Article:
Like everyone else, I’m a deeply layered, wildly complex individual, so of course labeling myself as an “introvert” absolutely is a messy, broad generalization. Personalities are fluid, and almost constantly in flux. Though I’m biased, mine feels a titch more amorphous and malleable than most–it comes with the territory of my anxious, scattered brain, I guess. When I change settings or interact with different people, I’m bound to present a little differently, and that might just be a pillar of my identity.
So that’s on me. I shouldn’t assume personality is constant. But that isn’t what confuses me so much about the situation. I’m well aware of my shifting personality, and it’s totally within my internal parameters to act outside expectation. What gets me is this: in my twenty-three years on this earth, I’ve never come to enjoy large, dark, and loud social gatherings so why are they suddenly so… tolerable? Have I changed, fundamentally, as a person? Or should I just chalk it up to these parties being some perfect storm of tolerability?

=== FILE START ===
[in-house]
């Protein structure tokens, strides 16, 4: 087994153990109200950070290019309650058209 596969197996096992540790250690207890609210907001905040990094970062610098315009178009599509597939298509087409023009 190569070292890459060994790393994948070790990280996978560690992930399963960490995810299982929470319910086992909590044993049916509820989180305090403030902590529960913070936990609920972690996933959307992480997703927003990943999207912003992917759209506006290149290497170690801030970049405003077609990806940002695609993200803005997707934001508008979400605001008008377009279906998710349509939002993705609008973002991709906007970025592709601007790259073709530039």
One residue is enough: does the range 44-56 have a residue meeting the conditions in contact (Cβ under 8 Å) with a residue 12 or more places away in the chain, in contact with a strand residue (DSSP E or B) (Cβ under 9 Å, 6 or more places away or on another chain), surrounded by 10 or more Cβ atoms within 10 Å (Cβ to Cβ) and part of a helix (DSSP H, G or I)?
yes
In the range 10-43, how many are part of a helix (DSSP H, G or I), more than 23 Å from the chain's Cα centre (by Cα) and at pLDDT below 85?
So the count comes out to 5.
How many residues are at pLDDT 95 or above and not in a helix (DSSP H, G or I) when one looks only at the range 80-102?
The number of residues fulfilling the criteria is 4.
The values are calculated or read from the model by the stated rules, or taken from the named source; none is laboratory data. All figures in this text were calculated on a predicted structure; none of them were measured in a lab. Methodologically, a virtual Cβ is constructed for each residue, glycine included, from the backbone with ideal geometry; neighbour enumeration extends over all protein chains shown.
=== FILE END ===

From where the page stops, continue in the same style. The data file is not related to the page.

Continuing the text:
Though I’m generally uncomfortable with the label (because, at least on the Internet, people use it as some weird social currency to prove moral superiority), I’d consider myself an empath–that is, I feel things deeply and tap into other’s emotional energies easily. I’m quick to connect with people, almost to a fault. My introversion, then, is largely fabricated as a defense against all that connection–taking on the energy of too many people can be exhausting. Retreating into the deepest corners of my home–like a sick cat nearing the end of her life–was self-taught early in life.
Strangely, it was when I embraced the empath in me that I found a sense of comfort in those loud, over-populated rooms. By releasing my flinch from that pressing anxiety mingling induces, I opened myself to the beautiful intricacies and intimacies of some pretty wonderful people.